After four deferrals in eight years since 2011, the revised Higher Education Act goes into effect this August. With roughly one month left, colleges and universities are preoccupied with how to implement new requirements under the law. There are still many unanswered questions and missing details.
If you have any doubt, this is a well-intentioned law in all respects. It aims to protect the rights and working conditions of part-time lecturers at colleges and universities nationwide. Their employment status has been shaky; semester-to-semester contracts and “who-knows-whom” type hiring. The new law purports to fix this problem.
Starting from Aug. 1, contracts for part-time lecturers should be at least one year or longer, preferably and effectively three years; any hiring should be through official, open competition; and compensation should continue during summer and winter breaks.
Stability, fairness and transparency are objectives the new law sets out to achieve. Considering the share of classes (30-40 percent) taught by part-time lecturers, the law is certainly in the right direction.
There is just one problem, though. Legislators have not fully contemplated practical implications. Interestingly and sadly, this is how national tertiary education institutions have responded in anticipation of the new law: Instead of increasing hiring and securing employment of part-time lecturers -- the intended objective of the law -- they are going backward by hiring less. When jobs are gone from the beginning, there is nothing left to secure afterward.
When schools do hire, they try to find lecturers from a certain segment of the pool -- namely, those who already have full-time jobs elsewhere and are therefore exempted from the new law’s requirements, as these teachers are not regarded as part-time lecturers to be protected.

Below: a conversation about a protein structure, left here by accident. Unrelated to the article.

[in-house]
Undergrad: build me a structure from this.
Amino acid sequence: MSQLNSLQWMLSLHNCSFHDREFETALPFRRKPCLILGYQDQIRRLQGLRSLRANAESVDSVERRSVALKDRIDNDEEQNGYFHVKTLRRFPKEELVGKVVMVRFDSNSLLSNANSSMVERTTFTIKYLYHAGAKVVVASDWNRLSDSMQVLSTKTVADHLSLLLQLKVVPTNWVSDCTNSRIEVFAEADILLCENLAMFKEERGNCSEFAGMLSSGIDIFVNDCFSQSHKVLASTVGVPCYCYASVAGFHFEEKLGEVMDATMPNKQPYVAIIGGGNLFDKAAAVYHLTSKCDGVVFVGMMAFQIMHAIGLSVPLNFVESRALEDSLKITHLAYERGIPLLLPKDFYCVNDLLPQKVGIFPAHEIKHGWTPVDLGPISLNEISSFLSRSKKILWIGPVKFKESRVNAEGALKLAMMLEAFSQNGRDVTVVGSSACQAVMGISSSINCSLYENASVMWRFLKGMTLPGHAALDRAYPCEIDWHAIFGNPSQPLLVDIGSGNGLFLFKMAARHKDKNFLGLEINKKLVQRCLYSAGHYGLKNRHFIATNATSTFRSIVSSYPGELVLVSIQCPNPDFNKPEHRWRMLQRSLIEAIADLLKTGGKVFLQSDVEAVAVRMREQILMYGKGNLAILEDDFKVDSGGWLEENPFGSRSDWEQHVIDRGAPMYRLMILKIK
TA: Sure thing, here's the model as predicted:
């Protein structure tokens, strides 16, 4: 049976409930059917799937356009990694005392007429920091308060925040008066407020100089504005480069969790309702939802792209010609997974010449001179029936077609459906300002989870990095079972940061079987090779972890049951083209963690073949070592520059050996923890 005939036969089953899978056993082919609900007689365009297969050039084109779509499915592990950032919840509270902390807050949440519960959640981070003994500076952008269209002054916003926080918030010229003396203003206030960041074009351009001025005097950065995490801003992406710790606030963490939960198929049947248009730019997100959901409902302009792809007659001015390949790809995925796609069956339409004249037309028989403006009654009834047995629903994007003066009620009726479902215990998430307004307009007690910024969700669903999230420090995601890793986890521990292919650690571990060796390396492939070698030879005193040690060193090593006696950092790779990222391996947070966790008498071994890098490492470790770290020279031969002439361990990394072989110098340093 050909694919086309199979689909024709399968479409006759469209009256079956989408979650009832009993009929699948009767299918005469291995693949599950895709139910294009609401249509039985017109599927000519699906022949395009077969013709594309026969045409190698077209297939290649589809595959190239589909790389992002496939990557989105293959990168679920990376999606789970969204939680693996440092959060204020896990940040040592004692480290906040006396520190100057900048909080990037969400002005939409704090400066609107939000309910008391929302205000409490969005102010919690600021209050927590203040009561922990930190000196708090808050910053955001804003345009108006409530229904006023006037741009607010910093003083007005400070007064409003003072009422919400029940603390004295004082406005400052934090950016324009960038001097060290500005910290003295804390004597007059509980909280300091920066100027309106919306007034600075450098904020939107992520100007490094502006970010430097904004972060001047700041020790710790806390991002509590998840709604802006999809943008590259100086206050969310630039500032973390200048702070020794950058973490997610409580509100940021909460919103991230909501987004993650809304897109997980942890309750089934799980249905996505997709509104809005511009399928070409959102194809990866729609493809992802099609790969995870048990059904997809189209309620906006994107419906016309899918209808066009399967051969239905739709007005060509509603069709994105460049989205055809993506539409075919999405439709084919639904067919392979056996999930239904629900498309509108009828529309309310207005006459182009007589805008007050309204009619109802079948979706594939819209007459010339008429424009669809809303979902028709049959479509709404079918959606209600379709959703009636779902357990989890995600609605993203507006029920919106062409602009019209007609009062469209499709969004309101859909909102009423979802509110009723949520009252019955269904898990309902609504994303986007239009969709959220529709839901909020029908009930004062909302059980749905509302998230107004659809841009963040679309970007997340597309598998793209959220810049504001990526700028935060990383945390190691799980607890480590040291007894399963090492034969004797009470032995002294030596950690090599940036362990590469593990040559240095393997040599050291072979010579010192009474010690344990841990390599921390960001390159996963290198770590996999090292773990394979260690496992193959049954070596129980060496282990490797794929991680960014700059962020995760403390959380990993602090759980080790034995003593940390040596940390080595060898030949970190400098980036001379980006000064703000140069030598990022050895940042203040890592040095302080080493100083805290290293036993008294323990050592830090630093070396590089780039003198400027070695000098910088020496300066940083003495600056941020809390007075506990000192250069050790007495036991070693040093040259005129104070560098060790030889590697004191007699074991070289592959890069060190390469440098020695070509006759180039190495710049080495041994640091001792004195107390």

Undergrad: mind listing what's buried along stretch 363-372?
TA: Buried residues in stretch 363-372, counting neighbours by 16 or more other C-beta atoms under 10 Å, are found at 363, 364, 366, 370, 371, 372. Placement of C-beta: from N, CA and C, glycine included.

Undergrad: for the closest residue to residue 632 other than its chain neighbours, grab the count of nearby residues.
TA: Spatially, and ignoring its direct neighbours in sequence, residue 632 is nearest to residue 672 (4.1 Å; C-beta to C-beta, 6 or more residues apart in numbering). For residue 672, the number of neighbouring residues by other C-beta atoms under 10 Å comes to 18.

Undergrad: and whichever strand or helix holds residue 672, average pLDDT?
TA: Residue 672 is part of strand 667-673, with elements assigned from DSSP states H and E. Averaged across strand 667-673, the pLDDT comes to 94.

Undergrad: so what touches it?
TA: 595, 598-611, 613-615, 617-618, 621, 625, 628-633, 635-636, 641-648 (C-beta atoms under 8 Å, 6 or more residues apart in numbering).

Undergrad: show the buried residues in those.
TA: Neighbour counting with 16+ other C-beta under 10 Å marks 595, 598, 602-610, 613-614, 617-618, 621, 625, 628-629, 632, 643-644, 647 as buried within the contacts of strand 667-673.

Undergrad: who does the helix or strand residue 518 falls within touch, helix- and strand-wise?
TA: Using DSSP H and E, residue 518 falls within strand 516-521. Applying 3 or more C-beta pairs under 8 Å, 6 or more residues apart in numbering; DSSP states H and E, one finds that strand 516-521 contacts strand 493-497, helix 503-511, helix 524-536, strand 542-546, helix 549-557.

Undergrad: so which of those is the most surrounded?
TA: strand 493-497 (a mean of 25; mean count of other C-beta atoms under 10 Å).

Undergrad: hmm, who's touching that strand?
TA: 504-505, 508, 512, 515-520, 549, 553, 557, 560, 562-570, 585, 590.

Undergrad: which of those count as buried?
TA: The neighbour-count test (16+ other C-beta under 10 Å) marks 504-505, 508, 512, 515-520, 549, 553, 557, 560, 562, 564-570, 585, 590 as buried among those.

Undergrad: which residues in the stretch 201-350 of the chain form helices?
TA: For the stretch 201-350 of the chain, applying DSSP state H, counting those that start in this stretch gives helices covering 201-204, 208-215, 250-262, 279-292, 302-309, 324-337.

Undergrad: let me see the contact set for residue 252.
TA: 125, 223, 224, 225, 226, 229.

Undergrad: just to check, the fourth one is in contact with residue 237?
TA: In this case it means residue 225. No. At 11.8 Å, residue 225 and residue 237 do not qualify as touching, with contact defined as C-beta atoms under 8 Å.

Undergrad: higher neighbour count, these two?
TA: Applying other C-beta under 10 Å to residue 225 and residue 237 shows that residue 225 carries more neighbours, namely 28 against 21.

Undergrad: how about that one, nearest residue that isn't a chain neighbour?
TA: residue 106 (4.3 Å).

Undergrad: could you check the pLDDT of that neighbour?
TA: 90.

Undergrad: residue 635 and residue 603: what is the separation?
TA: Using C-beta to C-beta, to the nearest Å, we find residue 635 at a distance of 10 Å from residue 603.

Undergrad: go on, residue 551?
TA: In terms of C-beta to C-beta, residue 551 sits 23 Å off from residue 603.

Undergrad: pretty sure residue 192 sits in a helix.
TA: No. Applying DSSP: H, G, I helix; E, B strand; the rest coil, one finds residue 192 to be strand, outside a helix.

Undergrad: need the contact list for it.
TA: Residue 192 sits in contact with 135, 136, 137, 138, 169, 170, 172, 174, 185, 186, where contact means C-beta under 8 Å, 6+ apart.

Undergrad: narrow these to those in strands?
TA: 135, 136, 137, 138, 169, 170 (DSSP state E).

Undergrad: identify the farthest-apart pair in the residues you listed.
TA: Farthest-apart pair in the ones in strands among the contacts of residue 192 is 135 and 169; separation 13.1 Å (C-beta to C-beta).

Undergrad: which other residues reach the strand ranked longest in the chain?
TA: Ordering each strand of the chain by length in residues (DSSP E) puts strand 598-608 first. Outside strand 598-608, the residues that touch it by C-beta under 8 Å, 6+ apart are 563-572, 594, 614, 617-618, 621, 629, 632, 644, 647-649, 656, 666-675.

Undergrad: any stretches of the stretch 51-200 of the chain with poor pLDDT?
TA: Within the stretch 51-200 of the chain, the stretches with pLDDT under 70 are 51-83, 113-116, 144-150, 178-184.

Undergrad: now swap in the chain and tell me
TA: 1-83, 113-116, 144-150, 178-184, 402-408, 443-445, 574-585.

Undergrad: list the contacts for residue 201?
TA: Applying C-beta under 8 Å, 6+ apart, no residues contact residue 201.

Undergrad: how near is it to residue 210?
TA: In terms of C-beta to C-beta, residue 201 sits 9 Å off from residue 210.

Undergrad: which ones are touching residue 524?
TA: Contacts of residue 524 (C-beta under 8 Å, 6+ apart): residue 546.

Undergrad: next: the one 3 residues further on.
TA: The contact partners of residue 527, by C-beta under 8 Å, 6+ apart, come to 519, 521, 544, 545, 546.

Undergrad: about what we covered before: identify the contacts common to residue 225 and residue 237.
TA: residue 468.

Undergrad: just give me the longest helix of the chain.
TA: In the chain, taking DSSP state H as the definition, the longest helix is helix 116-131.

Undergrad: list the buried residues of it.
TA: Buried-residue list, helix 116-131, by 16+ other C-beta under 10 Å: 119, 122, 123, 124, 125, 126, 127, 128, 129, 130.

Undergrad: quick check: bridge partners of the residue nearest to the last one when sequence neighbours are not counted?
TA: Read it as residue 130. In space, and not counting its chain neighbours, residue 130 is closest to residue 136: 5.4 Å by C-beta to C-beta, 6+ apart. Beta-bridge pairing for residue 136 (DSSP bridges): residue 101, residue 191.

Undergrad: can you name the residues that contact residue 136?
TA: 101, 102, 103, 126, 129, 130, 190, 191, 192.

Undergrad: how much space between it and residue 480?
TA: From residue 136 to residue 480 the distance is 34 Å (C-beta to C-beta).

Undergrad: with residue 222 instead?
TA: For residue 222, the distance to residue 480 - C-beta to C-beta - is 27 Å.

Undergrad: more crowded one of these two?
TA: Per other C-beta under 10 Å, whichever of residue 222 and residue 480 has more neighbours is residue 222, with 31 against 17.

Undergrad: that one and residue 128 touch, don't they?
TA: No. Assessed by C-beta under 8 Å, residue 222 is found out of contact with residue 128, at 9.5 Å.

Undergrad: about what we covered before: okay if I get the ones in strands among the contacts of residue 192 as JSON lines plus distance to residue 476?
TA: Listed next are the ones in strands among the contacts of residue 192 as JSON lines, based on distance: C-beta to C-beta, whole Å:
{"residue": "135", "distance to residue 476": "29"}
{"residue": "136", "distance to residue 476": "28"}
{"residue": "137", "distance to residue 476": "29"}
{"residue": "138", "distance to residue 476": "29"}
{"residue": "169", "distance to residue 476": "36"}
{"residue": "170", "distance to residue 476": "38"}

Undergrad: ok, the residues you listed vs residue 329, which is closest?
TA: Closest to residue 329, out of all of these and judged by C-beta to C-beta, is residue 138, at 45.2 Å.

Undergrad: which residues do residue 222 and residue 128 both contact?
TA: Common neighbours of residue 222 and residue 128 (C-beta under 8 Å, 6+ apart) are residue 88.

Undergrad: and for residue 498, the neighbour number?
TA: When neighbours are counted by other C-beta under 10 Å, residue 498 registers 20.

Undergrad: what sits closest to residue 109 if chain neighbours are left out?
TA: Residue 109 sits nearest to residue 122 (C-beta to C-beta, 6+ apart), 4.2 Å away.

What about open competition? A decisive factor in the evaluation process is a track record of research and teaching. Those with extensive experience, who are also likely to have full-time jobs, stand to prevail.
Combining the two, young scholars fresh out of graduate schools with doctoral degrees find themselves getting the short end of the stick. A scheme intended to fix the lopsided playing field in fact further skews it.
Notably, this law will also affect international exchange programs and language curriculums of tertiary institutions. It is nationality-blind, so it applies to lecturers from foreign countries as well. Which means classes taught by short-term contract-based lecturers are going to be affected as well as summer programs and winter camps. Inviting a renowned scholar from another country to have them teach for several weeks? Even if lecturers are invited from other countries, the hiring should still go through open competition -- which does not necessarily match with the concept of invitation.
Schools and scholars are looking to the Ministry of Education for guidance. Although this problem has been brewing for the past eight years, the ministry has largely been a spectator. Each time, it kicked the can down the road. Hard. True, no law is foolproof. A bit of fixing is always necessary. Trial and error is inevitable. But waiting eight years on the sidelines is a bit too much. The ministry has belatedly floated the idea of financial assistance to schools and scholars, but this is too small and unsustainable.
The law requires balance. Providing more flexibility to schools will probably work in favor of young scholars. For instance, one-year standard contracts under the law may better protect these scholars than the proposed three-year one. The scale of compensation should also be adjusted and upgraded to cover the basic cost of living and academic activities during the one-year tenure. Financial assistance being contemplated by the government could be spent as matching funds for the project. Likewise, special treatment or exceptions for young scholars should be ensured as well. If hiring transparency is an issue, oversight of the hiring process could be tightened.
Good intentions alone sometimes fail to deliver. Whether it holds up under scrutiny is equally important.
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Lee Jae-min is a professor of law at Seoul National University. He can be reached at email@example.com. -- Ed.